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Change the Game

Football is the new cricket


SHIFTING GOALPOSTS: Football coaching camps have mushroomed across the country as both boys and girls take to the 'Beautiful Game' in large numbers

Besides juggling the motley stresses of teenage life, 16-year old Gautam Talwar spends much of his waking hours obsessed with the fortunes of a sporting team. But that team isn't India's cricket XI or an IPL squad, it's Arsenal FC, a top English club football side. What makes him typical in India today is his keen interest in the 'Beautiful Game, ' even to the point of feigning utter disinterest in cricket. "It's just not as exciting as football, whether to play or watch (on TV), " the Delhi boy shrugs. Like Gautam, thousands of other kids across the nation appear to be ditching their spikes for cleats.

Lata Vaidyanathan, principal of Delhi's Modern School Barakhamba Road, agrees "There is certainly a huge move, and I see it in both girls and boys. In fact they're often to be found discussing games they've seen on television. And they're raring to go and play football tournaments and matches now, " she says.

Mukul Choudhari, director of the Manchester United Soccer School in Mumbai, feels this trend could be a game changer in many ways. "Over 50 per cent of kids who enroll here are in the 10-14 age bracket. They'll be in their twenties in a few years, " he says, "and will change attitudes in India. They really want to learn how to play properly. " Vaidyanathan echoes the sentiment: "kids look to train in disciplined ways, and hire coaches. Schools are happy to encourage this, as football is a faster sport with better fitness levels, and certainly easier to organise. "

Corporate India is paying close attention. Cola giant Pepsi's latest advertising campaign has Bollywood star Ranbir Kapoor slyly urging audiences to 'Change the Game, ' football in hand, while a telecom major has just launched a talent hunt for children in association with Manchester United, England's biggest club.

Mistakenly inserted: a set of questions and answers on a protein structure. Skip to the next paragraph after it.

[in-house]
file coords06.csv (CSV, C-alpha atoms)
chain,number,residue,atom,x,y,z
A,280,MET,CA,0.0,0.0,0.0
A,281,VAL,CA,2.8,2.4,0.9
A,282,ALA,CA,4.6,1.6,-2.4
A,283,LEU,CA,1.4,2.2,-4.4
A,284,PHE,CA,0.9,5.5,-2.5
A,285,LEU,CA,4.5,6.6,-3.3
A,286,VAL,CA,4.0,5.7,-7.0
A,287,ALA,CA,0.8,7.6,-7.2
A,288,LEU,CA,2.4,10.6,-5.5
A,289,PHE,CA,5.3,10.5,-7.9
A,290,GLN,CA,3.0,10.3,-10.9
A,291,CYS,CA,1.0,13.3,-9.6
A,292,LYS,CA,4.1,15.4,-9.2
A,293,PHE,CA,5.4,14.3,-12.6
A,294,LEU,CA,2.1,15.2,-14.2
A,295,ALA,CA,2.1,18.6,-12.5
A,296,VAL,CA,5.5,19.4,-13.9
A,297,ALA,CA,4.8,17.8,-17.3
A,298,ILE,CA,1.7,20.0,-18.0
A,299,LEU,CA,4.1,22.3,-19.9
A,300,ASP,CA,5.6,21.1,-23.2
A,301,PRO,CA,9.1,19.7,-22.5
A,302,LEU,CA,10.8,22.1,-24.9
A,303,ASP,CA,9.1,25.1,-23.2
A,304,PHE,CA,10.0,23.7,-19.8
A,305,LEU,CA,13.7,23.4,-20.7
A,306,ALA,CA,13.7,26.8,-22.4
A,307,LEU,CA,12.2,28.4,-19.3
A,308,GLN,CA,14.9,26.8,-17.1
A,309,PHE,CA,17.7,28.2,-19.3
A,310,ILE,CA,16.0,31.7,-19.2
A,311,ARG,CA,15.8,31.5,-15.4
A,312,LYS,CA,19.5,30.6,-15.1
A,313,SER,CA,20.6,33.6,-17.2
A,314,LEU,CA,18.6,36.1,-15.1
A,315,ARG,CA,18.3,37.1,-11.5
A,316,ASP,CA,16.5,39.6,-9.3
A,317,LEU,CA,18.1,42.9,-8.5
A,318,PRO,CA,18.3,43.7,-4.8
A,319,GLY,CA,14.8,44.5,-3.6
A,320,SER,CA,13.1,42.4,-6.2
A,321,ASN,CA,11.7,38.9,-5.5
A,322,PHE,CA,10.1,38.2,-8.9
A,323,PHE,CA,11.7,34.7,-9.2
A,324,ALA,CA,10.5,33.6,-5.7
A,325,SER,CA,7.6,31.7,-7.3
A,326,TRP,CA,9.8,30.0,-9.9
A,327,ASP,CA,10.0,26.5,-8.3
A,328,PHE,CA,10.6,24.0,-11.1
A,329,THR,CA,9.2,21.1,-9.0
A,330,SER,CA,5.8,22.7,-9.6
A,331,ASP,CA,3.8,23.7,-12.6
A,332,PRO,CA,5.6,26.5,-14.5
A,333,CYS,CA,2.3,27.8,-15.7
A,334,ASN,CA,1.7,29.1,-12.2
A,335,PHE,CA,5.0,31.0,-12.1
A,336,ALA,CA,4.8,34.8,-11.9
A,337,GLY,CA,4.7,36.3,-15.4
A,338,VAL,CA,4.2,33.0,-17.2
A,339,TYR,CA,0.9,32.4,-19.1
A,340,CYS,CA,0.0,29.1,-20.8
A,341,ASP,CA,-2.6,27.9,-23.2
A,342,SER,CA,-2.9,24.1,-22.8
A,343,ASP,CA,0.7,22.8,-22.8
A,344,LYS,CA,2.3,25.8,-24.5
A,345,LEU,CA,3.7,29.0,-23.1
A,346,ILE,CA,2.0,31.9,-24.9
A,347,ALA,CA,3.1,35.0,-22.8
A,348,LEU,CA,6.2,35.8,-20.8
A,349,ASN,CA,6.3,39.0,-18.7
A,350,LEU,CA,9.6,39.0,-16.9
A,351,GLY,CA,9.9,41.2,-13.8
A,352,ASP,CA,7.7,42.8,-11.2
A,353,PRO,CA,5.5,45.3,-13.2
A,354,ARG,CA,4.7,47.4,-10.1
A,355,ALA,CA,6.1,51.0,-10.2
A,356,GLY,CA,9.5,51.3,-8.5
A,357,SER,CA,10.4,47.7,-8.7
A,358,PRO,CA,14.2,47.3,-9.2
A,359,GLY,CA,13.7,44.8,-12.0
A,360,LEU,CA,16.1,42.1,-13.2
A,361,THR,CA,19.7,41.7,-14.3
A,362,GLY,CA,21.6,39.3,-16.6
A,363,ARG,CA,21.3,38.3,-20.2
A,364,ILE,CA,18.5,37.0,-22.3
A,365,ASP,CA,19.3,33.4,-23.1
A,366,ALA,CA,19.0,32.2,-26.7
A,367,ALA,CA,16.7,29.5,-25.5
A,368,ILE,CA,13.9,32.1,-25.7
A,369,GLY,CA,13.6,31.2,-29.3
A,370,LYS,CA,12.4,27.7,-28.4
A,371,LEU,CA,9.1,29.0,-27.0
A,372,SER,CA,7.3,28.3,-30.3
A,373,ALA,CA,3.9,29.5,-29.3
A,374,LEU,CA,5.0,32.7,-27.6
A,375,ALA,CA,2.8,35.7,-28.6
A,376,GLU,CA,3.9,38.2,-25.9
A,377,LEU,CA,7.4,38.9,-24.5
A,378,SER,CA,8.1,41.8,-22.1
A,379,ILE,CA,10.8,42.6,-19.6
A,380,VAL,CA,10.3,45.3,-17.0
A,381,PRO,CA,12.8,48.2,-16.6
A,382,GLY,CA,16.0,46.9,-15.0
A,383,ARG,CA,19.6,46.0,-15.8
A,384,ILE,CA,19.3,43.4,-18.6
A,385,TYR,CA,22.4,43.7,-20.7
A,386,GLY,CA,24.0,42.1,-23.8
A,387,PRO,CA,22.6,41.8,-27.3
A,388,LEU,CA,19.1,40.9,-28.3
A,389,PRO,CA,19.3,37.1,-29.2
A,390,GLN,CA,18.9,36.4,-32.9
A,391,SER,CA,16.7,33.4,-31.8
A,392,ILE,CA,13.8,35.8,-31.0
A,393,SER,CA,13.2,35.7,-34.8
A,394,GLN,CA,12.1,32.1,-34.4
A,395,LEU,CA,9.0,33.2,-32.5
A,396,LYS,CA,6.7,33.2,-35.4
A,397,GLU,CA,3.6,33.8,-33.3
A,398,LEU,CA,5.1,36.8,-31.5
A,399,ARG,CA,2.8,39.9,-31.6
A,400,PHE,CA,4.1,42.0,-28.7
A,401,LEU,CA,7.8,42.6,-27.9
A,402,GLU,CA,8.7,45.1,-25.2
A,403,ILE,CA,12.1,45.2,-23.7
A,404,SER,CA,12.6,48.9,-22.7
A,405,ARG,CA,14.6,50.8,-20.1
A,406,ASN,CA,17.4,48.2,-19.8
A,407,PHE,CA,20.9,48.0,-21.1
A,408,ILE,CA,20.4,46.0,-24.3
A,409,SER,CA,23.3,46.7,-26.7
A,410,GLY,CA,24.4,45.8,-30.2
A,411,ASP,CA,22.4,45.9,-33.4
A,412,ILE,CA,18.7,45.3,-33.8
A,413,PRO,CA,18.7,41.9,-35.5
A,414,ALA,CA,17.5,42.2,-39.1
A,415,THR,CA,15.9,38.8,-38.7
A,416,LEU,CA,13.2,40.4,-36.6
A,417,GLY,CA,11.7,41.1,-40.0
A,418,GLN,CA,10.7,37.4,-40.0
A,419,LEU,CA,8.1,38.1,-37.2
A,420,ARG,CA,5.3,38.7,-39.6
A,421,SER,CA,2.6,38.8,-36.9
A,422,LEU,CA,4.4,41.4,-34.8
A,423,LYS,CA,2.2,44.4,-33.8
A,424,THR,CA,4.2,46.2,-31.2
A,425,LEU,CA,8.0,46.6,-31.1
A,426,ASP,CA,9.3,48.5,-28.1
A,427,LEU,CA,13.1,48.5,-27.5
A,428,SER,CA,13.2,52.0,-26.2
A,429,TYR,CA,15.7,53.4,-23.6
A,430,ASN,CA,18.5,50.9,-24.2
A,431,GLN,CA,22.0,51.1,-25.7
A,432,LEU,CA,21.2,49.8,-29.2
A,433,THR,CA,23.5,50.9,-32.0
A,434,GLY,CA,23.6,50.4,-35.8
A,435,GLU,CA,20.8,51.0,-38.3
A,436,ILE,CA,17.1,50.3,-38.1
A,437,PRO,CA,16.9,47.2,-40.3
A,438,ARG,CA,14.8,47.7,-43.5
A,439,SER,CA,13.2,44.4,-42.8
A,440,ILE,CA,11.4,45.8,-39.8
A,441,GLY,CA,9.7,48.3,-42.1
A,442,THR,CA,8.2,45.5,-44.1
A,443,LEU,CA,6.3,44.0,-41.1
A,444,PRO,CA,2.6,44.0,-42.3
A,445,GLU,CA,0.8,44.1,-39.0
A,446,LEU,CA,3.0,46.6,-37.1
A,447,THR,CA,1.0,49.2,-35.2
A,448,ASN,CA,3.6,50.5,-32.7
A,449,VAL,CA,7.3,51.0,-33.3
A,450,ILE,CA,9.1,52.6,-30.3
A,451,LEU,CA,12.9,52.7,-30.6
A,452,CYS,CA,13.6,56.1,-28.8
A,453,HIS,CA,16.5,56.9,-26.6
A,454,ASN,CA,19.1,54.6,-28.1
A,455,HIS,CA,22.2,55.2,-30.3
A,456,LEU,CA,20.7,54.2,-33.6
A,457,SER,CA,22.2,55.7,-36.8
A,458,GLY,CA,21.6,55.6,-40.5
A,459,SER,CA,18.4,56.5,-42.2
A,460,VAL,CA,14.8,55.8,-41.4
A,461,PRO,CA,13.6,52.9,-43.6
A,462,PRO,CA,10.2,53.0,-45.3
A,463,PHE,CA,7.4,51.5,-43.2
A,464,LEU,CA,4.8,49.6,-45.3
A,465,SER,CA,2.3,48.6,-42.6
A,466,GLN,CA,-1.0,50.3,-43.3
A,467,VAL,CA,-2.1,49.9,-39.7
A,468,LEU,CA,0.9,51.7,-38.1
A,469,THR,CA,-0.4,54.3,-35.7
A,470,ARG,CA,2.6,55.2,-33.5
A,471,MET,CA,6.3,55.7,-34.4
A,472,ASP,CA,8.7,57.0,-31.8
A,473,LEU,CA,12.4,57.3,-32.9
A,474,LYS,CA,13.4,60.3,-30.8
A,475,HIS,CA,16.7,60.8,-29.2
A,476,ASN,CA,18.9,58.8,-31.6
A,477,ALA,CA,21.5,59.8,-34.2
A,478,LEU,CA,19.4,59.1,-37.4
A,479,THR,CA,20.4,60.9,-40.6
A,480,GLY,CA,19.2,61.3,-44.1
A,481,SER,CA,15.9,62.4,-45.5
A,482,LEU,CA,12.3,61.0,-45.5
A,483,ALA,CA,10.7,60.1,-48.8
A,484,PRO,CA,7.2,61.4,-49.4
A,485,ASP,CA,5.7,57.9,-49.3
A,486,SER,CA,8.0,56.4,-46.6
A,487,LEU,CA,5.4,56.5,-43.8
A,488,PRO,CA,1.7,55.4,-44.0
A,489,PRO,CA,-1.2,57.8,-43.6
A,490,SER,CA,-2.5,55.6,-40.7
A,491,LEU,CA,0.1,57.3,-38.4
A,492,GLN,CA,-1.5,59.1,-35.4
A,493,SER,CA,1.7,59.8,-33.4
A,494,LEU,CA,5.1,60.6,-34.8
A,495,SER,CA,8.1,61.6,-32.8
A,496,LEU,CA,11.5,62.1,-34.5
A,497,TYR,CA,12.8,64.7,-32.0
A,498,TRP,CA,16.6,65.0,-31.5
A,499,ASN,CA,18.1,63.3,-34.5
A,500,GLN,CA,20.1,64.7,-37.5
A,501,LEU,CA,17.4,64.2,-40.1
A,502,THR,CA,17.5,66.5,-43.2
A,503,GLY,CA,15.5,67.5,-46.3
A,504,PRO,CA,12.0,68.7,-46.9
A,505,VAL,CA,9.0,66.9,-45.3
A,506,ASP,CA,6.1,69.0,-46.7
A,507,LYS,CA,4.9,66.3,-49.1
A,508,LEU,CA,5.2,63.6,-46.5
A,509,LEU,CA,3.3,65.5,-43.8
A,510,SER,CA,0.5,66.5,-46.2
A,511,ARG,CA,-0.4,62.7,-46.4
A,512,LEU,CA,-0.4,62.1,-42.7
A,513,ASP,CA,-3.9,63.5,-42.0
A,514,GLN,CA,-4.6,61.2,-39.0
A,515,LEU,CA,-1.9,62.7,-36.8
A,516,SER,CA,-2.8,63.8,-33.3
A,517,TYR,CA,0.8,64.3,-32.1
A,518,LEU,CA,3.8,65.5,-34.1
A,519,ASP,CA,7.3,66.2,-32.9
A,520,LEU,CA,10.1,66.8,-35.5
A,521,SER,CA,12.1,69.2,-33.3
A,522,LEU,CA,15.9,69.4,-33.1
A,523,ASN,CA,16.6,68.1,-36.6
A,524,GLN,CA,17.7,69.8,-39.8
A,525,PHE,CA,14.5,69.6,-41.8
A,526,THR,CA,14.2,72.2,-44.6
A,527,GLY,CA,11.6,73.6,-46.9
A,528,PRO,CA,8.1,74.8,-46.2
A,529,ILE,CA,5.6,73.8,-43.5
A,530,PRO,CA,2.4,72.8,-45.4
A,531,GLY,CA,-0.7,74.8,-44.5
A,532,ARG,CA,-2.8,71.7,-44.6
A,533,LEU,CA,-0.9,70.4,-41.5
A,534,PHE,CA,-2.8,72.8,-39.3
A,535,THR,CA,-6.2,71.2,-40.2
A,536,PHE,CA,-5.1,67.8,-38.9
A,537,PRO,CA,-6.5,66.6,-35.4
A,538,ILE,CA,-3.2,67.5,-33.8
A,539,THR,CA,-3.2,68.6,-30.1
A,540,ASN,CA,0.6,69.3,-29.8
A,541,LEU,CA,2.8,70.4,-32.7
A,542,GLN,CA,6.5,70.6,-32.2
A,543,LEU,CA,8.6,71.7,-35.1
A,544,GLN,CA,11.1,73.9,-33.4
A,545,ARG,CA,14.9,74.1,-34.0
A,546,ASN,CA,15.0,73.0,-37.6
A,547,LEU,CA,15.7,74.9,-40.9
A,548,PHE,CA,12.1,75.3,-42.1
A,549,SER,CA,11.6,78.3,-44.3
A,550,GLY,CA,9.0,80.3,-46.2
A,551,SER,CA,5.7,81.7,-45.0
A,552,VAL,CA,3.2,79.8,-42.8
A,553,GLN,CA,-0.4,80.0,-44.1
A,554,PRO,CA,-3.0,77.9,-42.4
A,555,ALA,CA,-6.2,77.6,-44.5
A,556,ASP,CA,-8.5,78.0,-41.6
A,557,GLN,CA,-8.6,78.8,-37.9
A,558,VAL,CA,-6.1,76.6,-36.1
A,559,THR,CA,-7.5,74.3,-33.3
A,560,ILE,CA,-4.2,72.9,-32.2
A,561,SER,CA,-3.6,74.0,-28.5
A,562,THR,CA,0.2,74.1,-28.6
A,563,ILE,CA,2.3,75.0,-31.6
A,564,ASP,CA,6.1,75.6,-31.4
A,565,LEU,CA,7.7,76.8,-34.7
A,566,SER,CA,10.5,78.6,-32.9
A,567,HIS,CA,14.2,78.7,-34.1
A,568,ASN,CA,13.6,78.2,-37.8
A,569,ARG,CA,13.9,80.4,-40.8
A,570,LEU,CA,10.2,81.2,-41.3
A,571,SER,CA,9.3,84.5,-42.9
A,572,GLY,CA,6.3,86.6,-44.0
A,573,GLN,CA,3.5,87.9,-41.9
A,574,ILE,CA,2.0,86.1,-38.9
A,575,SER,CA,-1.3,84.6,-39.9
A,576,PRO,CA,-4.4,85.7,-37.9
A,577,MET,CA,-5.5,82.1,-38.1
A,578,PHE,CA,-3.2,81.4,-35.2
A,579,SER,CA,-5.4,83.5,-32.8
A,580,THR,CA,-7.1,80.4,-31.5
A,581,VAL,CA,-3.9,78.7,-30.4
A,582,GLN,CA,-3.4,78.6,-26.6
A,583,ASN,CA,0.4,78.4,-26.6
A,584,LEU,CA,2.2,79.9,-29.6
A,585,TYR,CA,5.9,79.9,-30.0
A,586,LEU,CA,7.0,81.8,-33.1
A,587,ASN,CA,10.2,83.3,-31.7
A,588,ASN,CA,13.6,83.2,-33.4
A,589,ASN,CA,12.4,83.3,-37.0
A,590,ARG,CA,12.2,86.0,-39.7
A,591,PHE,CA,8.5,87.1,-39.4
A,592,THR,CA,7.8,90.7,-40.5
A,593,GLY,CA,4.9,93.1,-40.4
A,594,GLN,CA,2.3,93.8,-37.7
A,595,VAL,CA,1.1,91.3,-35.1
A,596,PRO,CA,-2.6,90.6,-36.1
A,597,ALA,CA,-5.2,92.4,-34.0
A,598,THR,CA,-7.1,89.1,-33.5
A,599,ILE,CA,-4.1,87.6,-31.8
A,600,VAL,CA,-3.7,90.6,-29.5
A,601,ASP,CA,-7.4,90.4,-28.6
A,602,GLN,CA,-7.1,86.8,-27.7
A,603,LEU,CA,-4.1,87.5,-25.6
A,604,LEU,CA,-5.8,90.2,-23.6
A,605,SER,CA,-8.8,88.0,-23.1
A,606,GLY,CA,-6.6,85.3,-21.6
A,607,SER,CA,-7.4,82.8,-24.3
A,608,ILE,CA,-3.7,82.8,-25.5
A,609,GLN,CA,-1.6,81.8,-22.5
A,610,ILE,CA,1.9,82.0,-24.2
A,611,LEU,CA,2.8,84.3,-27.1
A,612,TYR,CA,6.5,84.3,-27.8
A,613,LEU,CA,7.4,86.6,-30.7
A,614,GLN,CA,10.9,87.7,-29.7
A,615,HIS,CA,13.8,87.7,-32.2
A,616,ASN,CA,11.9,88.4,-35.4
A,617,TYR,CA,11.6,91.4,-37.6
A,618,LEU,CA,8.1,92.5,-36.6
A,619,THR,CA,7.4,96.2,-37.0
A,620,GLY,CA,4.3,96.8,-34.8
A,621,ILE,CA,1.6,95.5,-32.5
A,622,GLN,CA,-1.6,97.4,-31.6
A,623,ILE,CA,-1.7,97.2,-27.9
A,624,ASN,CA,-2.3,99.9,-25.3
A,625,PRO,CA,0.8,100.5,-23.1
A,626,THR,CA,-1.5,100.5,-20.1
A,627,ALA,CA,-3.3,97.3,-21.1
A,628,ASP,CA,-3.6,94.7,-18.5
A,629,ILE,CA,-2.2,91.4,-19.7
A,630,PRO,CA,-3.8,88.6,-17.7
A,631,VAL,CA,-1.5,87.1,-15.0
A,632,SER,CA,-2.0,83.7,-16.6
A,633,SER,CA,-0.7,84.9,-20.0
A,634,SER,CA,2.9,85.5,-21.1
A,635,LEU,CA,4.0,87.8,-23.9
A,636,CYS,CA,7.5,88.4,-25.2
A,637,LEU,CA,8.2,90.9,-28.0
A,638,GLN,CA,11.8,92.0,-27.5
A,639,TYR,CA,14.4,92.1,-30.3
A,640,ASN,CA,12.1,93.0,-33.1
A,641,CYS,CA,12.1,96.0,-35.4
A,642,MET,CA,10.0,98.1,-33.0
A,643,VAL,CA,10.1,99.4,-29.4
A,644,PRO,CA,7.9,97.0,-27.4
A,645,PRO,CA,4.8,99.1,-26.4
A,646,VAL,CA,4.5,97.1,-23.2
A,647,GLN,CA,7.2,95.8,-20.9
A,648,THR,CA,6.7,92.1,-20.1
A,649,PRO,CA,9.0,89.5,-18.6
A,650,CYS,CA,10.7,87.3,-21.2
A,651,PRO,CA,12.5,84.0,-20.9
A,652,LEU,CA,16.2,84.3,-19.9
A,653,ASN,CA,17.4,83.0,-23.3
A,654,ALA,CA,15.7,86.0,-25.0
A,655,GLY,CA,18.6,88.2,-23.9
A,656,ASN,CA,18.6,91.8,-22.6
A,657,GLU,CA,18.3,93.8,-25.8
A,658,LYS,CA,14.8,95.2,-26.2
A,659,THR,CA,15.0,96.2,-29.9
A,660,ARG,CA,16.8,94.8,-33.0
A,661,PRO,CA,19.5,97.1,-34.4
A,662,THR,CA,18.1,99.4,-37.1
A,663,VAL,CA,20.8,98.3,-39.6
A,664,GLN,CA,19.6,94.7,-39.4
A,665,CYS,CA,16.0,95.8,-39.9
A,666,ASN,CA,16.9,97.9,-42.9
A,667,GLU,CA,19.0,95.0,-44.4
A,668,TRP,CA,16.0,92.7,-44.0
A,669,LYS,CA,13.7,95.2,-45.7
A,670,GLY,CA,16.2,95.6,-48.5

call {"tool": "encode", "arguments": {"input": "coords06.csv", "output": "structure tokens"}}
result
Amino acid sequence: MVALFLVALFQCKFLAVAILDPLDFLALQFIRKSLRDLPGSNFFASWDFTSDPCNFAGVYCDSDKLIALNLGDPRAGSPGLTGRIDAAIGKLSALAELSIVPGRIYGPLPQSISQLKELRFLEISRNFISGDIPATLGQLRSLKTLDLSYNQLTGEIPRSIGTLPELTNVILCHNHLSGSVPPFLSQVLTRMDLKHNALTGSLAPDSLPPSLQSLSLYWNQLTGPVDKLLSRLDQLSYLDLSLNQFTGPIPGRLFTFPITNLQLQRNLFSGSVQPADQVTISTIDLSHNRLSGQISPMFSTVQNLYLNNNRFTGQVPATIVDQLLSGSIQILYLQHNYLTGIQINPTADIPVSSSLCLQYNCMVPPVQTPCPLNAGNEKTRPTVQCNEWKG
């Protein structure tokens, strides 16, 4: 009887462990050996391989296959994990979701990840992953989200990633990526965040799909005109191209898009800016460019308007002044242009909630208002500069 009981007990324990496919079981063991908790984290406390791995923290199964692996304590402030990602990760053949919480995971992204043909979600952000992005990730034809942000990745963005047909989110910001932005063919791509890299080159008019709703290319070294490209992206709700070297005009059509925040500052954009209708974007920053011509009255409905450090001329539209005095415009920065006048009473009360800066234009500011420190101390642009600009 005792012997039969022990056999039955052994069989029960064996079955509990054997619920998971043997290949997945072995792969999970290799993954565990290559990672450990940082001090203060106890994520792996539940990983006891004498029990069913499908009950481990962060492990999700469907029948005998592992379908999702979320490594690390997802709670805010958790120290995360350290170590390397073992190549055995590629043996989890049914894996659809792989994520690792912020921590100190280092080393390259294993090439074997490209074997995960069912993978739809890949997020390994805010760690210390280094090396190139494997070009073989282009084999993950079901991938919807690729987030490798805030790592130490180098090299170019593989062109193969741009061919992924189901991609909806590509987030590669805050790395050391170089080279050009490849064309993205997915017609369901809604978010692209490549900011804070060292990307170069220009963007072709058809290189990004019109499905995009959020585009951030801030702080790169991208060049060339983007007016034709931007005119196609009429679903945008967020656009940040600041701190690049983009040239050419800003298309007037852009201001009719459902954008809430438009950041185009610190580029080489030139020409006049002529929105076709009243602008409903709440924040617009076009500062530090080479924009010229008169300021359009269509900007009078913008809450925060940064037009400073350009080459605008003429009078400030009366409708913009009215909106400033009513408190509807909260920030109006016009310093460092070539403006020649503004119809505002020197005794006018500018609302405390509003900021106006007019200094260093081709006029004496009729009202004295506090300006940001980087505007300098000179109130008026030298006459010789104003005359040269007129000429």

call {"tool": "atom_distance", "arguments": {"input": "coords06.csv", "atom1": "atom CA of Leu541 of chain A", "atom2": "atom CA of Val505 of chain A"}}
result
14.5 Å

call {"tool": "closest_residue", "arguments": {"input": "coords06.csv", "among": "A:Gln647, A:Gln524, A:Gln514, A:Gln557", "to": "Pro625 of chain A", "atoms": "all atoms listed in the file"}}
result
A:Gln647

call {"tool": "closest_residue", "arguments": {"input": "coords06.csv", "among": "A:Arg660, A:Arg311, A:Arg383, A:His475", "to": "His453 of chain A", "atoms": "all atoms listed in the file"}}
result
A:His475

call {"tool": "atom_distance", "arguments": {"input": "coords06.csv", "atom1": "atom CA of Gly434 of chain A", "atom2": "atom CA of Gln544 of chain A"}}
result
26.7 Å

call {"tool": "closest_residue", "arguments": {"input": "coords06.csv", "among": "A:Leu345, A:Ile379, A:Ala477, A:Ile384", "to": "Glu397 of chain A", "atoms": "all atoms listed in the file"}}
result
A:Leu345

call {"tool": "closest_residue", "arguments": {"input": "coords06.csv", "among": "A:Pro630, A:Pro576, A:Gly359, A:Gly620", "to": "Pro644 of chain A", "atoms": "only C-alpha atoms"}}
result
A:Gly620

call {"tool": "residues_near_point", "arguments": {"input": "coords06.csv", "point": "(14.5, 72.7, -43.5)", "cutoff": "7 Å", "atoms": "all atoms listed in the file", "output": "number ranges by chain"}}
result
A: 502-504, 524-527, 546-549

As branding consultant Nitish Verghese puts it, "with cricket advertising becoming cluttered and expensive, its natural for brands to gravitate towards sports which offer higher returns on the margin. Besides, cricket viewership drops sharply when India is not playing, but interest in football is more evenly spread across teams - this makes media planning less challenging. " This is probably why marketers are now beginning to hedge their bets. But such is cricket's hold over our imagination, and marketing strategy, that executives are loath to admit a big shift, at least on the record.

Sportswear giant Adidas, which finds itself smack dab in the middle of mapping such change, reveals that football and cricket are "neck and neck" in terms of sales of sporting items over a cumulative four or five-year period. "But we should be careful, " says Tushar Goculdas, brand director, Adidas India, "because at the mass level cricket still dominates. This is an urban trend. Viewership of European club football has been steadily growing, while in commercial terms there's been big growth in the sale of merchandise and gear to young people. And football overtakes cricket in years when big events like the FIFA World Cup occur. "

Homi Battiwalla, Category Director, Colas, PepsiCo India, is also cautious when asked if his company has made a radical departure in now pushing football over cricket. "We believe football is an emerging youth passion and the objective behind our campaign was to give it the scale it deserves. We see huge interest reflected in the high viewership of football across media platforms. It's also exciting to see the interest shown by leading clubs in India. " he says. "We decided to build on the philosophy of 'Change the Game' and extend it to football. This does not mean that football has 'replaced' cricket. We will continue to build our association with both sports in the country. "

Corporate reticence aside, young football buffs in India can expect a slew of activities in the near future. Like Pepsi's 'T20 Football' tourney, which it says attracted over 3, 000 players, and featured a team from Ludhiana in the final, cheered on by Chelsea FC superstar Didier Drogba. Expert 'clinics' for kids, training camps in European academies and big exhibition matches are all likely to become commonplace soon. "We're virtually the last frontier, outside of the US, for big football clubs, in terms of fanbases" says Goculdas, "they will show a lot of commitment to India now. "

Reader's opinion (1)

Aatish SharmaJul 22nd, 2012 at 09:59 AM

Affinity to football is still very much confined to big cities and it is a whole different ball game supporting the likes of Liverpool, ManU and Arsenal and getting on the field and playing. As a brand changing the game has much to offer but Indian footprints on the global stage is miles away.

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